Since the present structure shall be successfully usable at supersonic speeds, the structure must have a sufficient fatigue strength due to the expected dynamic loads. In connection with aerodynamic surfaces intended for use at supersonic speeds, it is further very important that the aerodynamically ascertained profile thicknesses must be met with a very high accuracy during manufacture.
In view of the above it is the aim of the invention to achieve the following objects singly or in combination:
to construct an aerodynamic structure for supporting an aerodynamic shell of the type mentioned above in such a manner that the shell can be secured to a frame or support structure without any problems, even if the structure has a small profile thickness and a relatively large profile depth;
to avoid the use of a honeycomb core structure in such aerodynamic structures as wings, tail assemblies, fins, flaps, and the like;
to divide such aerodynamic structures into sections in such a way that each section has an open side that permits access to all riveting locations and so that after riveting is completed the sections can be partly nested one in the other;
to produce the individual sections of aluminum sheet metal, aluminum alloy sheet metal, light metal alloys of aluminum and lithium, or of fiber reinforced composite materials; and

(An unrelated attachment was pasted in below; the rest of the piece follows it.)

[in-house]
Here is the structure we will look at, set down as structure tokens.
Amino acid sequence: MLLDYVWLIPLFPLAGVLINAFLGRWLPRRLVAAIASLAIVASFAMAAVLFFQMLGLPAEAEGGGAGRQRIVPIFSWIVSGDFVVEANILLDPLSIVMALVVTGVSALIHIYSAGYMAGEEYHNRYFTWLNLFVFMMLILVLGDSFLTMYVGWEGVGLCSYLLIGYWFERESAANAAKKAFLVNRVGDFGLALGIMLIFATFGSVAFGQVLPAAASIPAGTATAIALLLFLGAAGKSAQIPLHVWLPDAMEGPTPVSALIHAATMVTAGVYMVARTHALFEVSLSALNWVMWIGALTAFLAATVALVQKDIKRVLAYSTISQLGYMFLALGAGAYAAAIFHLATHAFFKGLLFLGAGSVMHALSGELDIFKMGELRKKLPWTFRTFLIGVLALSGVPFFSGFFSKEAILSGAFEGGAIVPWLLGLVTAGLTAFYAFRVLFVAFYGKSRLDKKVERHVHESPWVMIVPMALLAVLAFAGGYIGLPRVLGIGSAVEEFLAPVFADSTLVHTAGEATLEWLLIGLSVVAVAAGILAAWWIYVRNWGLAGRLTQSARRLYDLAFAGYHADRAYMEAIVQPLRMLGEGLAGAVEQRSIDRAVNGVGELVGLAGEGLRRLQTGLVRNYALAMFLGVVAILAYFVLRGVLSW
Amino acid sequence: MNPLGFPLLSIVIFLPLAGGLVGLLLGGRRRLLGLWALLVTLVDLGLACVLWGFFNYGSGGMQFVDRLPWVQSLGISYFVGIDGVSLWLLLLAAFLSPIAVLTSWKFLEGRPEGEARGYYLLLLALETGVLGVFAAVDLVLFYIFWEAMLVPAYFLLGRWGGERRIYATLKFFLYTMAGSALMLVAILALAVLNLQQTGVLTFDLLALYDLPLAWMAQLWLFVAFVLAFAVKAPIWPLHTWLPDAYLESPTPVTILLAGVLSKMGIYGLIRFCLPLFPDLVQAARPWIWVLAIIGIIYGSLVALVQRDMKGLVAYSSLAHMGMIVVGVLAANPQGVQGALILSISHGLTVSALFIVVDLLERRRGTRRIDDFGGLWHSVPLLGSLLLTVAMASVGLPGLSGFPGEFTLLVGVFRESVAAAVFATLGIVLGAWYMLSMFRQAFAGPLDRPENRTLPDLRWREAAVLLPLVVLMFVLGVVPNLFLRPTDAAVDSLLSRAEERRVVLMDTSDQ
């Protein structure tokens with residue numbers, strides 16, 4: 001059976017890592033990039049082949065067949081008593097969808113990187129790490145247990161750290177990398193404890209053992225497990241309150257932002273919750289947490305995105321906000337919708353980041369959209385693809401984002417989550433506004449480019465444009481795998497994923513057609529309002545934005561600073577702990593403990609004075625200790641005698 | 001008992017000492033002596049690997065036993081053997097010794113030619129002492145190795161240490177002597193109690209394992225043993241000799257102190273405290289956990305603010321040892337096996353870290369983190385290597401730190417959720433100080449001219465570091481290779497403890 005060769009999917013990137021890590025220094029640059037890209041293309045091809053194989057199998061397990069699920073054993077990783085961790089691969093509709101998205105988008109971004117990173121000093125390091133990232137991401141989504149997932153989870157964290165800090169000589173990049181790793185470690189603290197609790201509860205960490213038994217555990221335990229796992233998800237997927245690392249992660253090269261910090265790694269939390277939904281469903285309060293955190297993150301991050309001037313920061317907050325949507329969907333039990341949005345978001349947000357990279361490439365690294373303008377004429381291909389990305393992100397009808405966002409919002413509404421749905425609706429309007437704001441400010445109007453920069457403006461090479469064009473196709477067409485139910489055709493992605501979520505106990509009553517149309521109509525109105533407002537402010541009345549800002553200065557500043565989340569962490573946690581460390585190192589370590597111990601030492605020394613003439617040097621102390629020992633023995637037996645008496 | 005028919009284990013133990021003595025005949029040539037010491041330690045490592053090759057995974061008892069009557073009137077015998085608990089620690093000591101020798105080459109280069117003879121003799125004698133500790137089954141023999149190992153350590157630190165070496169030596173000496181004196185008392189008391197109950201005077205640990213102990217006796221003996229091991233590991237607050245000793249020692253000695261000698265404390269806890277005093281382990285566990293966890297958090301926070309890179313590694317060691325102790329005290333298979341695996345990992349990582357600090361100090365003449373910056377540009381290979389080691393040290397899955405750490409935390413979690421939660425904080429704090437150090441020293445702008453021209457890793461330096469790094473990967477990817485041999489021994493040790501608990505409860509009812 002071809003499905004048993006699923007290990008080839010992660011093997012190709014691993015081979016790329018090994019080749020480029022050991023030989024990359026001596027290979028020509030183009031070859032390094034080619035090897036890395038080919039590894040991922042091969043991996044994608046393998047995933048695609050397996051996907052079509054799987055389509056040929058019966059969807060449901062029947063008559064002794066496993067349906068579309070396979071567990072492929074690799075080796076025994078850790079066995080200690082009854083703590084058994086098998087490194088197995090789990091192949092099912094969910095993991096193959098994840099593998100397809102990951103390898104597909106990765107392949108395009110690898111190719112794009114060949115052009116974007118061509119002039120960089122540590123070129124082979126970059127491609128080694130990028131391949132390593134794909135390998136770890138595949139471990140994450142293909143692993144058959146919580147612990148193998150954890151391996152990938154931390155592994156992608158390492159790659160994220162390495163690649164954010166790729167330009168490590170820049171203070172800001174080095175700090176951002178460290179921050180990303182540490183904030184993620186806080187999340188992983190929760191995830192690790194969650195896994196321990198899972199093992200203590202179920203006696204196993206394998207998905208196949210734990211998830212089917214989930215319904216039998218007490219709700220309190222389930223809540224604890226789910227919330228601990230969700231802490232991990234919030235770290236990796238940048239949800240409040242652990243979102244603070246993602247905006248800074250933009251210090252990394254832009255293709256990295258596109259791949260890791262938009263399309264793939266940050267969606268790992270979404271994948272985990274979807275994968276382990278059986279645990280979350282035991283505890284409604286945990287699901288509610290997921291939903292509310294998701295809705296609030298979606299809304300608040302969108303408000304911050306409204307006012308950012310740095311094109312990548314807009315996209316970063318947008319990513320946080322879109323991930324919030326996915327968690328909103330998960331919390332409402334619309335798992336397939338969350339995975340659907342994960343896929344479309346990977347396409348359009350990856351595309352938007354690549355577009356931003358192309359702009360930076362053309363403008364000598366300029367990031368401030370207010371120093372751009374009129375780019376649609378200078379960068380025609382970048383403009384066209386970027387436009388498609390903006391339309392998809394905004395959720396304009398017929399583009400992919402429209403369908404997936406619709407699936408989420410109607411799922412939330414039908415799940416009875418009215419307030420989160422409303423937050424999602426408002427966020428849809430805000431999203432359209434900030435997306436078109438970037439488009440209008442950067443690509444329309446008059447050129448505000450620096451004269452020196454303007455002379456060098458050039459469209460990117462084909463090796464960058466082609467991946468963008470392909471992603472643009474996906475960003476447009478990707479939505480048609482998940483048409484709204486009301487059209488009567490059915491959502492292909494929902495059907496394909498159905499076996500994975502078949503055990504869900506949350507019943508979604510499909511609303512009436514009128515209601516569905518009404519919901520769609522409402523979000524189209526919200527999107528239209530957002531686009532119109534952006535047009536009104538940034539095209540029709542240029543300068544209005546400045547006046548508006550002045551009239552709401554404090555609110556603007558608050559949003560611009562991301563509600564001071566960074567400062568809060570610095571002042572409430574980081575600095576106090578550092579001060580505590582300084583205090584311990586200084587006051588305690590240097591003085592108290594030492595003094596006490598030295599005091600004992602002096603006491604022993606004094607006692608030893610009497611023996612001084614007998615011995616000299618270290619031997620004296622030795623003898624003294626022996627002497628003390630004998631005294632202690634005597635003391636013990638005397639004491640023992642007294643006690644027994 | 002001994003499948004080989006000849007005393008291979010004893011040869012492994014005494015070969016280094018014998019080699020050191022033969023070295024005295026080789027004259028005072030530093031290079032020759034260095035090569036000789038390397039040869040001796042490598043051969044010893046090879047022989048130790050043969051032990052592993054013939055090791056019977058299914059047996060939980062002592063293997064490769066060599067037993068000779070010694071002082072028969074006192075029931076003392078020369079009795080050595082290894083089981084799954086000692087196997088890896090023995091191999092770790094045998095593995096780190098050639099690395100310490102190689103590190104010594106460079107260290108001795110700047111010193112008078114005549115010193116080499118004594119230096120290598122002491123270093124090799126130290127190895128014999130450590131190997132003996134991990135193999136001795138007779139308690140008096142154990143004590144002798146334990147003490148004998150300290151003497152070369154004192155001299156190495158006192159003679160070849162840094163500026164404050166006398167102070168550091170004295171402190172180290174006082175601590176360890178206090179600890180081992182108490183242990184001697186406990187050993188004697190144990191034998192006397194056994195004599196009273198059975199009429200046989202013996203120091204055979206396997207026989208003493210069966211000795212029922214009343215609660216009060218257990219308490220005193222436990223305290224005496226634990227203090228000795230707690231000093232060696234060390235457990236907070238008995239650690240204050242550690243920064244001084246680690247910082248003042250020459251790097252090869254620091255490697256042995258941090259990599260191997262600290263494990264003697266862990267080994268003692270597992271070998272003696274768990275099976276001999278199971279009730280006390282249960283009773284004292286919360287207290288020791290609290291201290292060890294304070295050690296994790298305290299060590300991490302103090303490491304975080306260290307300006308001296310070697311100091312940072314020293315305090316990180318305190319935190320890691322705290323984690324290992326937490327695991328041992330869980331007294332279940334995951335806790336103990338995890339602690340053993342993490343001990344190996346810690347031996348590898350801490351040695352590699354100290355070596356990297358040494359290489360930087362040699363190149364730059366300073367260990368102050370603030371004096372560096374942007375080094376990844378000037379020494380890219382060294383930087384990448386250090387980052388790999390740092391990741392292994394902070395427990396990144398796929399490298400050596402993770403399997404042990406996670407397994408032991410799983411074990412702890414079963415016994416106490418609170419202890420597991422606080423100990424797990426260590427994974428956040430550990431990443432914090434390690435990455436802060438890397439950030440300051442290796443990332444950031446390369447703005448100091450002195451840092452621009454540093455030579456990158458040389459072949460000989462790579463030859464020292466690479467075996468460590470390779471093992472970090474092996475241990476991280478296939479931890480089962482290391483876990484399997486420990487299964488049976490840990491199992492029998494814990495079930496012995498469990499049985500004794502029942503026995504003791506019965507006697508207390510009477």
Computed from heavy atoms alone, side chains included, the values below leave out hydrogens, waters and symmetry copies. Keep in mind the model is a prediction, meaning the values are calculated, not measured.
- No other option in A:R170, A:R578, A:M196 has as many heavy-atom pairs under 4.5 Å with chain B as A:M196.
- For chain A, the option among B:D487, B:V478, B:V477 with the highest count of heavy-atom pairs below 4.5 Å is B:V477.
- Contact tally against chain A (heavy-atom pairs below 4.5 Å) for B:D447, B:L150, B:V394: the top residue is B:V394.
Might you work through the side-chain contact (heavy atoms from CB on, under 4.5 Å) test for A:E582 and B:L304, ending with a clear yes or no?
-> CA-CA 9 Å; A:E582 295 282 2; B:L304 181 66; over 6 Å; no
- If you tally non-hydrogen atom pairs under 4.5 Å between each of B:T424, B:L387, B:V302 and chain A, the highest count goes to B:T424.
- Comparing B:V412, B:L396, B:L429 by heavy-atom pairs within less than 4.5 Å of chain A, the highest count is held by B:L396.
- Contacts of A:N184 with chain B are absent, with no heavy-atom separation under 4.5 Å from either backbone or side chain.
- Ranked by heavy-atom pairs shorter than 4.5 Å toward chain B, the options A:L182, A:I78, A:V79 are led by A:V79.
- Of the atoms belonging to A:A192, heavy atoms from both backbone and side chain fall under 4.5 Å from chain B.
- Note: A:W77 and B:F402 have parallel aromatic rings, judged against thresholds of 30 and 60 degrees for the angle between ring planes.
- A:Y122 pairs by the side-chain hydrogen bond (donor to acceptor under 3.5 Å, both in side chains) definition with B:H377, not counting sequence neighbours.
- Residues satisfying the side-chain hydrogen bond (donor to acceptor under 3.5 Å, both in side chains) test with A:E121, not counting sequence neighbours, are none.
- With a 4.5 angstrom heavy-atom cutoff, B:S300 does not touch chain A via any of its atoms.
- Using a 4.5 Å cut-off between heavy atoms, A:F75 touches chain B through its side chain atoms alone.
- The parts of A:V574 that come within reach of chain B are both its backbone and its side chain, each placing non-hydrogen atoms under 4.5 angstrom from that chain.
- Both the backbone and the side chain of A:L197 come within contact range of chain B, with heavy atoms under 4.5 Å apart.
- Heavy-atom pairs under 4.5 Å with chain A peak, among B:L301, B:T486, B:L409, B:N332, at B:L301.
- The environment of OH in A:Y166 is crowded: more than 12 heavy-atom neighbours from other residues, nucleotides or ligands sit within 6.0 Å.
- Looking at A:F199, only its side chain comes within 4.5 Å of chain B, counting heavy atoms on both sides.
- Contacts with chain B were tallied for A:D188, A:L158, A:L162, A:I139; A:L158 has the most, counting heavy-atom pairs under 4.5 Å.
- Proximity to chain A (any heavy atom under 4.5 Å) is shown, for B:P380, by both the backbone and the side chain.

to make sure that the present aerodynamic bodies have a sufficient fatigue strength and a precise dimensional stability of the profile thickness even if that "thickness" is rather thin.
The above objects have been achieved according to the invention by the combination of the following features in an aerodynamic structure for an aircraft. Such a structure comprises at least two spars, several ribs or rib elements, and two shells, one on each side, each shell including several shell elements, whereby the ribs extend in the direction of the profile depth of the structure. The shells and ribs are divided in the direction of the profile depth into several structural components each including shell elements, rib elements, and at least one spar and so that these structural components have approximately the same divisional dimension. The structural components are so constructed that they can be nested relative to each other whereby a following structural component is inserted into a preceding structural component. The term structural component in this context refers to a structure that comprises several structural elements, namely as two shell elements, a plurality of rib elements and at least one spar. The spars and shell elements have a length that corresponds approximately to the span width of the structural component. The rib elements in each structural component comprise at least two rib halves connected to each other, and the shell elements are constructed as integral structural components. Preferably an integral shell element comprises a skin and a plurality of inwardly facing stringers forming an integral part of the skin. Such integral shell elements are formed for example by a machining or milling operation or by an extrusion process.